May 14, 2012

Boat Bashing, Dinghy Thieving and Monkey Feet


Maia’s school throws an awesomely fun fundraising garden party. There was a petting farm, bake sale, sausage sizzle and a bar. The three of us had a lovely night—Maia volunteered to run the petting farm—then ran free with the other kids in the dark. Meanwhile Ev and I volunteered at the sausage sizzle—then helped clean up (which included assisting to empty the opened wine.) It was a great night—until my phone rang.

“Diane? There was a big yacht—it tried to turn but got caught by the current—we heard a lot of crunching and people are on their way to your boat to see how bad it is.”

I surprised myself by how calmly I took the news; and really that’s been one of my biggest areas of growth in the past few years. It seems if you throw me enough whoppers eventually I learn to take a big breath and start dealing. So I bummed us a ride home, all the while soothing Maia, and pondering what to do if the boat wasn’t habitable.

When we got to the boat the neighbourhood was out in force—and the consensus—no one knew how or why but we were unscathed—the crunching must have been the pile mooring astern of us. Our only casualty was a dock line.
learning to drive
 Bad news that turns good is a good thing, but unfortunately it turned bad again the next night. After a nice day that included a birthday party, circus class for Maia, followed by a lovely dinner out we got home an hour after dark. As Maia and I walked down the break water I couldn’t see our dinghy—Evan, who arrived by bike before us, confirmed that I couldn’t see it because it wasn’t there.
 Stolen dinghies are a bit of an issue in Oz. Actually they’re a huge issue—but all the dinghies we’ve heard of going astray have been stolen late at night. We wrongly assumed our combination of a unique—slightly battered look, older motor and locking at night was enough to protect us—but as we stood on the dock looking out at our boat we realized it obviously wasn’t.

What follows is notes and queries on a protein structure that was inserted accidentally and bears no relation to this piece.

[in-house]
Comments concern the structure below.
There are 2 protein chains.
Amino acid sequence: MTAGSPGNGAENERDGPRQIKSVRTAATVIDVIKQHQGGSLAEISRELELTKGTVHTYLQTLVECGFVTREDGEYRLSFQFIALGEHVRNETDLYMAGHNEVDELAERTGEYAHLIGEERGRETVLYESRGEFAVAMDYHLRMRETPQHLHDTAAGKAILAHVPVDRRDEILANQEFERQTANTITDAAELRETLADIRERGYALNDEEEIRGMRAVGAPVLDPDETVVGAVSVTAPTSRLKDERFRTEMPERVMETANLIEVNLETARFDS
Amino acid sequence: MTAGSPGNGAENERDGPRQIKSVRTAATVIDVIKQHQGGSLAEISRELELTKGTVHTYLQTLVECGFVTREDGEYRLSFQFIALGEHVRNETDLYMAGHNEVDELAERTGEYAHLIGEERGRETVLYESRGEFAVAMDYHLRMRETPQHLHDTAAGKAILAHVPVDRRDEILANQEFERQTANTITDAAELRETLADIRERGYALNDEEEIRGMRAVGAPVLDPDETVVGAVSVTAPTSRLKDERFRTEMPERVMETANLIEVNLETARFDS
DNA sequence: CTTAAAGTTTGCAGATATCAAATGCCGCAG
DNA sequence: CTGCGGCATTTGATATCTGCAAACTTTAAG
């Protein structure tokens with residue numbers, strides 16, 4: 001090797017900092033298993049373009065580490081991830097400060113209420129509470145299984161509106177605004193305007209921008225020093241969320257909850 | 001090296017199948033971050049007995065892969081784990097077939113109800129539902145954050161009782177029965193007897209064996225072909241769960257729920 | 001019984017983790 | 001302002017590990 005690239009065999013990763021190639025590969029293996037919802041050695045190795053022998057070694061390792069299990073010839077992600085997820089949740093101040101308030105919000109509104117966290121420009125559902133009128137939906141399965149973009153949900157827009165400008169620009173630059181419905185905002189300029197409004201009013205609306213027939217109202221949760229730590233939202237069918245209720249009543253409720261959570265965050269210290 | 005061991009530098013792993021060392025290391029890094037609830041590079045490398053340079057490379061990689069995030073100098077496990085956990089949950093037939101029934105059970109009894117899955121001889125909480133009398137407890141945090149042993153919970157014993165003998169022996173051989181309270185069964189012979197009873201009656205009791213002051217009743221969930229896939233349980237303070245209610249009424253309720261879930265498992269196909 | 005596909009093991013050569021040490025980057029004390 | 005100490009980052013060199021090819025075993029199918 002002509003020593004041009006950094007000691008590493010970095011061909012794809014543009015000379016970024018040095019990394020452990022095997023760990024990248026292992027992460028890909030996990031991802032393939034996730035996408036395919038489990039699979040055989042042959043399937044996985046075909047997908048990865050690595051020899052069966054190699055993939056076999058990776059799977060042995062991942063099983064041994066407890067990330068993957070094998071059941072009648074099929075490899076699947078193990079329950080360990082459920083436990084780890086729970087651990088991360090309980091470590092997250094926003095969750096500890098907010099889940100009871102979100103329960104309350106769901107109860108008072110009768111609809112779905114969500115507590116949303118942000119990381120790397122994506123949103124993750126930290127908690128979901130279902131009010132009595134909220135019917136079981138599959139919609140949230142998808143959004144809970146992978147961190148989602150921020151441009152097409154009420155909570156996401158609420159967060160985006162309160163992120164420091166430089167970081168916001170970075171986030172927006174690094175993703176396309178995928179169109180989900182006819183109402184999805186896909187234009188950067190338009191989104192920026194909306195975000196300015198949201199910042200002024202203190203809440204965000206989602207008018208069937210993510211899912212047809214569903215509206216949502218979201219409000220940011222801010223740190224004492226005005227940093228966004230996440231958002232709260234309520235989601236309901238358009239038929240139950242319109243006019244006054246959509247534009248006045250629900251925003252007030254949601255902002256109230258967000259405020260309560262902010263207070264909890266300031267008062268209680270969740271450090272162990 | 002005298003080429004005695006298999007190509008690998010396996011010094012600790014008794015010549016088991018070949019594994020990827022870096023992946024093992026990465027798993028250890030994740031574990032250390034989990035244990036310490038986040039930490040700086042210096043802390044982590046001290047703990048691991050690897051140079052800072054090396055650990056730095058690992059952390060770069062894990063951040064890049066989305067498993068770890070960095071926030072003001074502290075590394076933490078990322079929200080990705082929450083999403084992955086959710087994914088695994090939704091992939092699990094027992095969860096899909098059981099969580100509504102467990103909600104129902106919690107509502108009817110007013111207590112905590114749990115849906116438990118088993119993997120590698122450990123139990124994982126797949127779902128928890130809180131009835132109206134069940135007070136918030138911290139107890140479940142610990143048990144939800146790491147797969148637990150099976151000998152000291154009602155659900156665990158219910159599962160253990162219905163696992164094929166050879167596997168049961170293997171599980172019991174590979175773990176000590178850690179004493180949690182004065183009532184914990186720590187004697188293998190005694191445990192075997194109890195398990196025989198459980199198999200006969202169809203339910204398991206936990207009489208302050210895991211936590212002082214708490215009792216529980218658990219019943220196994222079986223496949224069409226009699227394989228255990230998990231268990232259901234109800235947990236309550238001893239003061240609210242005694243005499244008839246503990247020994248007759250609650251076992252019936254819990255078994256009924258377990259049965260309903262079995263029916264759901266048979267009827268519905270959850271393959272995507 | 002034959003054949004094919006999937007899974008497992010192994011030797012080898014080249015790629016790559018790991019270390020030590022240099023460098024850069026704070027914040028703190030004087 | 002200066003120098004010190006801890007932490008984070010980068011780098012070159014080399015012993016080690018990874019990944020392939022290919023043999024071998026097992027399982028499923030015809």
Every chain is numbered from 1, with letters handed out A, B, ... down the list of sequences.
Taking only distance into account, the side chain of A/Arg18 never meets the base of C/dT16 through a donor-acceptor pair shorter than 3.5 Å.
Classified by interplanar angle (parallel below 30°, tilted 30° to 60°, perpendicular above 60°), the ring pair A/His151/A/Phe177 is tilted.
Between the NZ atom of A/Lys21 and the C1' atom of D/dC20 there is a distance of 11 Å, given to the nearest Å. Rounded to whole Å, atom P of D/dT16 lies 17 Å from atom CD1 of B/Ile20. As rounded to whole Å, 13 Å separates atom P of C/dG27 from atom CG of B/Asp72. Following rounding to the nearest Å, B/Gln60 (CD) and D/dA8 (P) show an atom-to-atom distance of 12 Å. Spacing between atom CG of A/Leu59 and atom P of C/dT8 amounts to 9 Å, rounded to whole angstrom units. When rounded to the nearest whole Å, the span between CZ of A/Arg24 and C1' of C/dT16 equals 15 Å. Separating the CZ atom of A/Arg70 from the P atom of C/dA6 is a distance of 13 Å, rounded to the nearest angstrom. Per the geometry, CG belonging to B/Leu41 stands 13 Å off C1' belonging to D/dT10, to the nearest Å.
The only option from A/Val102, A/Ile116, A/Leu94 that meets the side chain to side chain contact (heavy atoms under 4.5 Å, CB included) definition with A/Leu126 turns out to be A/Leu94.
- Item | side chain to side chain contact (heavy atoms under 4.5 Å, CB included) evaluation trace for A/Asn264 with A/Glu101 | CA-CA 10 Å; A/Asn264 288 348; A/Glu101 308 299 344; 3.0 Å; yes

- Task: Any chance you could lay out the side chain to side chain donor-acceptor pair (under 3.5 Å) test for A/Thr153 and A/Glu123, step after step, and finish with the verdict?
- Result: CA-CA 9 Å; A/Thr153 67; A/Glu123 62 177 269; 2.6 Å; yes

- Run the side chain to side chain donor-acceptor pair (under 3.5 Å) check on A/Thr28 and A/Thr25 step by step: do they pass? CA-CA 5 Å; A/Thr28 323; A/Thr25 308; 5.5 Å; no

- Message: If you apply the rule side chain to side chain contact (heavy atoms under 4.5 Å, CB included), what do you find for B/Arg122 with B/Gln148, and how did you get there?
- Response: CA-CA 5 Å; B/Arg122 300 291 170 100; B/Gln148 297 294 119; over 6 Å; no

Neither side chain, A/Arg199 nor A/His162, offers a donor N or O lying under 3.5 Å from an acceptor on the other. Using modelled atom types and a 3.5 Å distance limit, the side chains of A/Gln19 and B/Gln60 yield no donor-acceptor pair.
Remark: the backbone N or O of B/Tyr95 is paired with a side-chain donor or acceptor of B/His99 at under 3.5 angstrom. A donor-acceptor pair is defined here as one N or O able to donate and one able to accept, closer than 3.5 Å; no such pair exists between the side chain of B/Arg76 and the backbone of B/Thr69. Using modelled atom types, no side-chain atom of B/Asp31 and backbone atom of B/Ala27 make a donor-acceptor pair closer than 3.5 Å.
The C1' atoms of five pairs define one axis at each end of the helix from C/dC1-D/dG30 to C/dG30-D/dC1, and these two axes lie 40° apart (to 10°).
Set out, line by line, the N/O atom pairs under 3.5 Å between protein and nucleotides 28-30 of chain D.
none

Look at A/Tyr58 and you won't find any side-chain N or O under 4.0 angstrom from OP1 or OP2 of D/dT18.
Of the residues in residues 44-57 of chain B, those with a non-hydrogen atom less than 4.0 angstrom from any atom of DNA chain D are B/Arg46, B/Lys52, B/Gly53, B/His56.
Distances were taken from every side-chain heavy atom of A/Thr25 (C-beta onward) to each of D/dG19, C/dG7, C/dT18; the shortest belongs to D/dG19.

groceries for a trip
 Dinghies are more than a family car to cruisers—they are a tether between land and sea. So they are a utility vehicle—but they’re also imbued with a bit of that magic that every boat has. And we built ours. Actually Ev designed and built it for our specific needs.

But it was gone. And we were still on the dock. And the only way to get home was to steal someone else’s dinghy. So we did. Actually Evan insists we ‘borrowed’ it—and just to ensure the owner understood the distinction I stayed on the dock while Ev and Maia went home to blow up our two-person kayak.
 Or kayak is a good kayak for a grown-up and a child—but it’s a bad kayak for two grown-ups and a very bad kayak for two grown-ups on a dark fast moving river. So it was clear even before Evan changed out of his wet clothes that we were going to need a replacement dinghy really very quickly.

Between talking to the police, “You realize this is a former penal colony? Amazing nothing else has been stolen from you before now. Hahahahaha.” And shopping for dinghies: Cheap tinny and oars? Cheap inflatable, small motor? Decent inflatable? Decent motor? How the heck are we even going to get a dinghy back here if we can find one? How are we going to get enough cash out on a Sunday to pay for one? We didn’t sleep much.

And when I did finally fall asleep I dreamed about living in a house; A nice stable house that other houses didn't run into; A house with streets around it and sidealks--not sharks; A house where if something was broken or stolen I could replace it without having to go through a logistical puzzle. But I woke up living on a boat.

And I woke up in the cruising community—and we had rides to shore, and offers of loner dinghies, and suggested ideas, and a lead on a dinghy that belonged to another Canadian cruising family who was done their trip and ready to trade a dinghy for a car. And the dinghy had the exact motor on it that we planned to eventually buy and it was only one year old, and the dinghy was also fairly new and in good shape. So we rented a ute and went to meet our new dinghy—and its family, SV Monkey Feet. And a deal was struck and Monkey Feet was happy to see Monkey Business go to a good home.
And so we drove our dinghy home—stopping first at the hardware store to buy a length of heavy chain and a very big lock.

1 comment:

Behan Gifford said...

I think it's really cruiser community testament that you were able to get hooked up with a great replacement at a great price so quickly. It is just kind of lacking in that Ceilydh spark. And... it's bought, not made. Something just so cool about having had the dinghy that Evan designed and built, that was so perfect for YOU. But hey, now you have something to carry you through till he can do that again... and meanwhile, we need to have a painting party!